The Ombudsman for Short-Term Insurance published an information document for the public on the importance of providing accurate “regular driver” details.
The regular driver is the person who drives the vehicle most often in any monthly period. This person’s details, including his or her specific risk profile, are used to determine the acceptability of cover and the appropriate premium.
Details which influence the regular driver’s risk profile include age, profession, how long he or she has been in possession of a valid driver’s licence, insurance history, financial standing and so forth.
In one particular complaint referred to the Ombudsman, it came to light that the insured’s son had contacted insurer A and requested a quote for a motor vehicle to be placed on cover noting himself as the regular driver. The quote was however not taken up on the basis that the premium was too high.
The insured then approached insurer B for a quote in respect of the same motor vehicle, this time noting herself as the regular driver. The risk was underwritten on this basis and the insured was quoted a cheaper premium which she accepted and cover incepted.
A claim subsequently arose. An assessor interviewed a number of witnesses at the place of residence and employment of the insured and her son, including security guards, work colleagues, neighbours and petrol attendants at a nearby filling station. The assessor found that the insured’s son was driving the insured vehicle on a daily basis. The insured had never been seen driving the insured vehicle. In fact, the insured had her own vehicle which she drove daily.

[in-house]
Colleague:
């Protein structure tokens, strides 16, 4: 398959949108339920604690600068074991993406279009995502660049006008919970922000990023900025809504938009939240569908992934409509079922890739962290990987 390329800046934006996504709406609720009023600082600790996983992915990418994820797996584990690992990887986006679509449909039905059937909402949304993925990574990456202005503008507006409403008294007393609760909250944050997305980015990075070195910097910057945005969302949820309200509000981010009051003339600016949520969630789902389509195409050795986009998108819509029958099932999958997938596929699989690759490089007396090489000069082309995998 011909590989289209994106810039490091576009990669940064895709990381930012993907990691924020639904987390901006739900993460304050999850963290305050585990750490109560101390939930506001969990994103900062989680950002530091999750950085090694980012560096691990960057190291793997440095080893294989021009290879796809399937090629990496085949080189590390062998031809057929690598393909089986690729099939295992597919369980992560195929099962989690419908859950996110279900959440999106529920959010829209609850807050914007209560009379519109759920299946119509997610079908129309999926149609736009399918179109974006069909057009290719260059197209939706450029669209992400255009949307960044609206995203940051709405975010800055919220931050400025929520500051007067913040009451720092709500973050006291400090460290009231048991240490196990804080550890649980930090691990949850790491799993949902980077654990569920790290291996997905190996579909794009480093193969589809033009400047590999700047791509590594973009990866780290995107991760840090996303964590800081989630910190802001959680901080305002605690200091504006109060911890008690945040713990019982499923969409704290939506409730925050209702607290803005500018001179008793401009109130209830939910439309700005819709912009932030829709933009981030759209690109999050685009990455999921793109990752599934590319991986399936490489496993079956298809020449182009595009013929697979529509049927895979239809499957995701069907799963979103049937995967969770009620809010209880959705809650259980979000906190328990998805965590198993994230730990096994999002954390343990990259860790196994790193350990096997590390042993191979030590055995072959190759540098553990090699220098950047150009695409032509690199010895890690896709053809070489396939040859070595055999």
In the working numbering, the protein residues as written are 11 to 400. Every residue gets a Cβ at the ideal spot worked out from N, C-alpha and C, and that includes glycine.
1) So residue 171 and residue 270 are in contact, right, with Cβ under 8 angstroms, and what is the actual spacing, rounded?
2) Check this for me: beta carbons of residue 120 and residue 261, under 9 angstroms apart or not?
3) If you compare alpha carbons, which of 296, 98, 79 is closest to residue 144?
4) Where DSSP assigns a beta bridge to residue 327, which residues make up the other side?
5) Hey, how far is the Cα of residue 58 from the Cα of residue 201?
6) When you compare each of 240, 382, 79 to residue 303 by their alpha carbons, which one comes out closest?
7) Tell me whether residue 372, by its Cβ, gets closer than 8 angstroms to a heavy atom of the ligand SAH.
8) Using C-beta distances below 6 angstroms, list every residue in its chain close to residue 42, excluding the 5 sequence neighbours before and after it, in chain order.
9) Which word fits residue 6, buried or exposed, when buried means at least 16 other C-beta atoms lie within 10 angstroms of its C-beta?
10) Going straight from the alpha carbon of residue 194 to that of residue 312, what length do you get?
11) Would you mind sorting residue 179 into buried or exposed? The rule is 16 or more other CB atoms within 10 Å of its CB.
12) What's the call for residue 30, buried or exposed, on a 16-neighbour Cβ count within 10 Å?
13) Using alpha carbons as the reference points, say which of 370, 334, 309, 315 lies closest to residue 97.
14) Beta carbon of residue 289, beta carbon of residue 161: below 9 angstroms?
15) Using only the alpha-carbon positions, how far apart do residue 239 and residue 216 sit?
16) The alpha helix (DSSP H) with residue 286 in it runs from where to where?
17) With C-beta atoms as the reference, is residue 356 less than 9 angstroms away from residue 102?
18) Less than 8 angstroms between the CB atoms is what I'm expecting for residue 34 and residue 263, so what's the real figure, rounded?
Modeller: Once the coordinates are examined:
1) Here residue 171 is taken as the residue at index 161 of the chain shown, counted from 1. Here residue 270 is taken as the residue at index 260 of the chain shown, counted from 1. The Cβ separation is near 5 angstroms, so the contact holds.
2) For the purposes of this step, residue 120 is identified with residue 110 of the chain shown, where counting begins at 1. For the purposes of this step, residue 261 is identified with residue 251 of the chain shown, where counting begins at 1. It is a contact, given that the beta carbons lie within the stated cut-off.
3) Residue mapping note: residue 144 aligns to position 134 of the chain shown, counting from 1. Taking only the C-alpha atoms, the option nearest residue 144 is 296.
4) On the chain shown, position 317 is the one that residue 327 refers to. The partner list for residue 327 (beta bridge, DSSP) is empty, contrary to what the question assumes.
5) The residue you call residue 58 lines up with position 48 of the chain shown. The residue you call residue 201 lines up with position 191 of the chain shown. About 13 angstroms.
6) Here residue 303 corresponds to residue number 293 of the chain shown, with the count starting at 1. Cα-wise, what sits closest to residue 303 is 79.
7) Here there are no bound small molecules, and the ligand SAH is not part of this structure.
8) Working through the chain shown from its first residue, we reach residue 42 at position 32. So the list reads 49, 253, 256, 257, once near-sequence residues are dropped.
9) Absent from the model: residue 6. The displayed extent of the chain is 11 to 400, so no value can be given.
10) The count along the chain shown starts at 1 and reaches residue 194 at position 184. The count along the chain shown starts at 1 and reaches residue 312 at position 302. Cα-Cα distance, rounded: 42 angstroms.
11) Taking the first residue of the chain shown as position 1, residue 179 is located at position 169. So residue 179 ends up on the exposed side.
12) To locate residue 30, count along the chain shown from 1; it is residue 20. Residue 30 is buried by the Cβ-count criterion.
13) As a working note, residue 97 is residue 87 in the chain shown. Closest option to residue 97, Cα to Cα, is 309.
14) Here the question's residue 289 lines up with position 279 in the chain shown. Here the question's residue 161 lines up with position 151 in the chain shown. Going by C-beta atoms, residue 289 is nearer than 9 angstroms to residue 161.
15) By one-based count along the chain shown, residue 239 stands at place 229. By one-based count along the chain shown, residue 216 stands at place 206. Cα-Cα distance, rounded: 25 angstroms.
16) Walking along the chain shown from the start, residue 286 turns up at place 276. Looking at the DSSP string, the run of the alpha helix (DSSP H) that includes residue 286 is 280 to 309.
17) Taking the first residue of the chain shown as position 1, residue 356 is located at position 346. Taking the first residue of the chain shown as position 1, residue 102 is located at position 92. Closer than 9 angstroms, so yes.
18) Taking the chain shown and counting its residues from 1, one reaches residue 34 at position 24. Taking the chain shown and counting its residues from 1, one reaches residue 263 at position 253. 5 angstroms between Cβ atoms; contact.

The decision of the Ombudsman was that the insurer had submitted sufficient evidence, which on a balance of probabilities, indicated that the complainant’s son was in fact the regular driver of the insured vehicle. The Ombudsman therefore upheld the insurer’s rejection of the claim.
Consumers occasionally provide incorrect information to their insurer because they do not understand what is meant by the term “regular driver” but more often, it is done intentionally order to reduce the premium.
Whilst the insured may appear to be saving a few hundred Rand on a cheaper premium, the majority of insurance policies exclude cover for any loss or damage in circumstances where information material to the correct underwriting of the risk was misrepresented or not disclosed.
This rejection will also extend to third party liability cover, leaving the insured out of pocket in respect of his or her own damage as well as a liability claim which may be submitted by a third party.
Another misconception held by consumers is that insurers will never find out that the details of the regular driver noted on the policy are in fact not correct. An insurer has the right to validate any claim which is submitted under a policy. In addition to taking statements from the regular driver, the insured and the incident driver, this process may also include, conducting interviews with parties able to attest to the true identity of the regular driver of the vehicle, as in the case above.
There is an obligation on the insurer to ensure that the insured understands what is meant by the term “regular driver”. The questions asked at underwriting stage relating to the regular driver must not be ambiguous or contradictory but clear and precise in order to extract the correct information required for purposes of underwriting. The onus lies with the insurer, and the intermediary, to clarify all pertinent issues, to explain the purpose of the questions and the possible consequences.
It is not only imperative that an insurer is informed of the correct details of the regular driver during underwriting – the same applies to any changes during the term of the policy.
Click here to download a copy of the Ombud’s information letter for sharing with your clients.